Our 2nd pay date in the month is the largest of the three; hence the need for more line items, but the formula stays the same. For groceries, entertainment and date nights we make cash withdrawals and place the funds into labeled envelopes accordingly. When we grocery shop we hit the envelope first and keep a running log of what we have spent grocery wise against what remains. Charitable donations, utilities and gym memberships are automatically spent from the checking account without giving a second thought. For July we are in the winding months of saving for the remainder of our 2013 travel plans, so that gets transferred to our travel account which is held in a simple savings accounts.

Spouse #1 prefers to carry their monthly blow money on their debit card so the spouse is trusted to stay within their budgeted amount. And I am a fan of having blow money budgeted monthly. Dave Ramsey says that it’s in memory of our former plan (see not paying attention) and it gives us a bit of extra cushion in case we want to spend some extra money on dining out, buying flowers or some extra groceries. And as we were in agreement on pay date #1, all disposable income is being routed to beefing up our emergency fund. This leads us to:

Pay Date #3

July Payday 3
Charitable Donation
Spouse #2 blow money
Tax Account
Give Account
Emergency Fund

With consistency we make sure again to automate what we can and be on the same page with our planning. Our last charitable donation for the month as well as saving into our tax and give accounts are automated. Our tax and give account monthly savings function as sinking funds as well. With quarterly estimated payments due for taxes, the money is there to withdraw and make payments.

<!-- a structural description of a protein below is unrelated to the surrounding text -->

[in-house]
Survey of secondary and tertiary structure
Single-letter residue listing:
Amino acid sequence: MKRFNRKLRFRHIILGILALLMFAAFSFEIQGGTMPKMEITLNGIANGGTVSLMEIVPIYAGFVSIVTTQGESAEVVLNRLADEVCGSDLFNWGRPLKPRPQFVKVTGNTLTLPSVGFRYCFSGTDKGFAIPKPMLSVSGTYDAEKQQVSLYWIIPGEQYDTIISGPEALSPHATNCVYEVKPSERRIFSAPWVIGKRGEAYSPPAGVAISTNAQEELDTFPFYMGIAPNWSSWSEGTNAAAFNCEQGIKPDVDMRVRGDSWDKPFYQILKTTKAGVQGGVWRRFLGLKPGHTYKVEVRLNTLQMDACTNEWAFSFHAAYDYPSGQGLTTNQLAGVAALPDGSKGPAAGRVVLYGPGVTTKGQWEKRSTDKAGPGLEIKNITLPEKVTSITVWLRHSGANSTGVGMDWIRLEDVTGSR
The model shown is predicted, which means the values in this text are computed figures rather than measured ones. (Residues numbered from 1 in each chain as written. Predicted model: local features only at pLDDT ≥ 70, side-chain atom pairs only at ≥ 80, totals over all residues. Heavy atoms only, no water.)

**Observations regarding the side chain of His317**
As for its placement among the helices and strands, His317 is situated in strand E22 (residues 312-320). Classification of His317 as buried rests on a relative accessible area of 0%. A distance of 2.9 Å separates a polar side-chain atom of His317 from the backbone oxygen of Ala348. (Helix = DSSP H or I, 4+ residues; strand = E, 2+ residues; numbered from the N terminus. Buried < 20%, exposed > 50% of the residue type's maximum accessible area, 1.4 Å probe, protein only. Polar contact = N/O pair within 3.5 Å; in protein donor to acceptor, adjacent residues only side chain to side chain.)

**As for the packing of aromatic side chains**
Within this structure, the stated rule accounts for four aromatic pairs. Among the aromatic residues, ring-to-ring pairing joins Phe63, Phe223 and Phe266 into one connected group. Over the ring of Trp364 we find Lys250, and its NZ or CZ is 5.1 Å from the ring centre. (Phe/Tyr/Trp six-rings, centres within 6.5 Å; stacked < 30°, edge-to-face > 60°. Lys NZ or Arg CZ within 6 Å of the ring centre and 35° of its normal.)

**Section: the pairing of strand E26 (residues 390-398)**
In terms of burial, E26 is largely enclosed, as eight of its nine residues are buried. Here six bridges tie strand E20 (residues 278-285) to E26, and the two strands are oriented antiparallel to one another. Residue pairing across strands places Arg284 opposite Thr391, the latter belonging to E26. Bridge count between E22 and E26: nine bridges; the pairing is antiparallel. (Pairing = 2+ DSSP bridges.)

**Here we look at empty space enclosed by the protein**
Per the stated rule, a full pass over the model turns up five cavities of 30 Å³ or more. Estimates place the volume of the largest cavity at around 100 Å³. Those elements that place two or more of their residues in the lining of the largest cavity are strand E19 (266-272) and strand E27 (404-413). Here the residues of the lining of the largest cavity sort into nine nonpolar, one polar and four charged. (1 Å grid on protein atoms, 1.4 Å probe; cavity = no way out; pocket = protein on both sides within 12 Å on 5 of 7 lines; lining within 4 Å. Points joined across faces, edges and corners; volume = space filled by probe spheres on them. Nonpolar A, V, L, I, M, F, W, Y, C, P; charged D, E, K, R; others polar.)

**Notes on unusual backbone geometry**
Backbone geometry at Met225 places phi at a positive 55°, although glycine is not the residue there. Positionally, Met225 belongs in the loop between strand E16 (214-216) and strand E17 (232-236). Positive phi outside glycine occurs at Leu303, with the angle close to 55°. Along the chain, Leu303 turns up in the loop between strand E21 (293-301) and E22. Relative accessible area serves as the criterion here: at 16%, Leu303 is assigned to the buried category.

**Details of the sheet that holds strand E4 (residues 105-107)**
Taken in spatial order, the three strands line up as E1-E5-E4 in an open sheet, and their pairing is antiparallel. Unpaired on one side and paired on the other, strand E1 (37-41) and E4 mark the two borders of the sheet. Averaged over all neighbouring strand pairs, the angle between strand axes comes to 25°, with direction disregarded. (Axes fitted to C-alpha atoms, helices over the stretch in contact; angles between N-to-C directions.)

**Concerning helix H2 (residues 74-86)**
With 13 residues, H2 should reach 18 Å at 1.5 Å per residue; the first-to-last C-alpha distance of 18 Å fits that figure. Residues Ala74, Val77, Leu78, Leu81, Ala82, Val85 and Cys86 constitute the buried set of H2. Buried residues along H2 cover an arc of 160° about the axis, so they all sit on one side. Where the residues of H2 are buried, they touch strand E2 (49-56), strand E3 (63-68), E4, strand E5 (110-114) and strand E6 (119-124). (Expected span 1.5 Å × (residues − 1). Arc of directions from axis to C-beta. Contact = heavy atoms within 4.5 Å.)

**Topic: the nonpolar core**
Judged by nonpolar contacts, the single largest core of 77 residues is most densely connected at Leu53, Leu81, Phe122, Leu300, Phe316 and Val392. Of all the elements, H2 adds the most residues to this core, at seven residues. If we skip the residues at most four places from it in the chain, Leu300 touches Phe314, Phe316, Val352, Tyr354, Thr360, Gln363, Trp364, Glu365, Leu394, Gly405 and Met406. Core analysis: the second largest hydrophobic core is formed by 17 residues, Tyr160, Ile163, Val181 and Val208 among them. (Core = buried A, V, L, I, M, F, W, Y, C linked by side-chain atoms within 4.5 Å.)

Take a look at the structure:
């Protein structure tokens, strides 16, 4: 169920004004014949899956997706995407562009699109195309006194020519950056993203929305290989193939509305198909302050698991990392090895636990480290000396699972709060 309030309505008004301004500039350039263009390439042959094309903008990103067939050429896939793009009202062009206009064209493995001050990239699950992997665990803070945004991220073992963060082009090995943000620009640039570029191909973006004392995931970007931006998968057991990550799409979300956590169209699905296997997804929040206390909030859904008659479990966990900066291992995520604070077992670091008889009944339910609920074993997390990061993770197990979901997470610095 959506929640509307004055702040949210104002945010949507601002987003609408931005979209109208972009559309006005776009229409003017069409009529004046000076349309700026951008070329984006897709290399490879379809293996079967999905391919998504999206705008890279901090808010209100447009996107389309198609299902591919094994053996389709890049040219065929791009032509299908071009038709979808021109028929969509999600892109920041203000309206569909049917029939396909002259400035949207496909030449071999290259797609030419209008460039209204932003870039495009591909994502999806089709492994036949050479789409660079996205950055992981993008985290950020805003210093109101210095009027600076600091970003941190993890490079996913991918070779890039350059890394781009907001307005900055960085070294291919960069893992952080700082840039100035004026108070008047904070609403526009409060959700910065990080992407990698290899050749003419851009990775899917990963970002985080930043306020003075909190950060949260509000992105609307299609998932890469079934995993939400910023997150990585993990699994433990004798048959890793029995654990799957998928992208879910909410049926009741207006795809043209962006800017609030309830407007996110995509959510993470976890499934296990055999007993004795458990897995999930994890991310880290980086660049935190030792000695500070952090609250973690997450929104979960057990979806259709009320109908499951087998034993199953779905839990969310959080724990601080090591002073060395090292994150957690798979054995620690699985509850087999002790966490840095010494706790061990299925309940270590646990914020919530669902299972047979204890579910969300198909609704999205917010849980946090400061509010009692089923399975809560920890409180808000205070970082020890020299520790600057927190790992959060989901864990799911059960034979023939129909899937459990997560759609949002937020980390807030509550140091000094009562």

The give account is a bit trickier. At the start of 2013 we set an agreed upon limit on what we would spend on gifts for family and friends’ birthdays, anniversaries, weddings and what not. From there we save 1/12 of that ceiling amount throughout the year. Now we do remain flexible on our giving. Should one of us feel lead to give more to say someone going on a missions trip, an impromptu ask is taken at our church, or we want to help someone in need, we are absolutely open and flexible with one another to make the extra give as long as we are in agreement and it is planned ahead of time before the scheduled pay period hits. For what it’s worth in addition we use disposable income in August to save, in one fell swoop, our spending limit for Christmas gifts. And of course lastly we send our disposable income to our emergency fund.

What about the rest?

For several of our monthly expenses we utilize our employers’ programs to pay pre-tax. We pay for our health & dental insurances, commuter transit passes, make 401(k) contributions, and save in our Health Savings Account using these pre-tax programs.

The Exciting Conclusion

When it all boils down we plan to do our best to have funds readily available to cover every imaginable expense we face throughout the year.  Our emergency fund takes care of the unexpected and monthly savings accounts to cover taxes, gifts and insurance premiums. And we utilize cash envelopes to hold ourselves accountable to avoid overspending. We also make sure to steadily save for retirement and annual travel plans without blinking an eye and to be intentional with our disposable income. Currently we are using our disposable income to beef up our emergency fund and once that is done we will go back to building our war chest for a future home purchase to be paid for in cash.

Purpose and intentionality are the major players when it comes to budgeting. And I know that you can excel at it too! I mean, if this Communications major who couldn’t spell finance when he was in college can do it…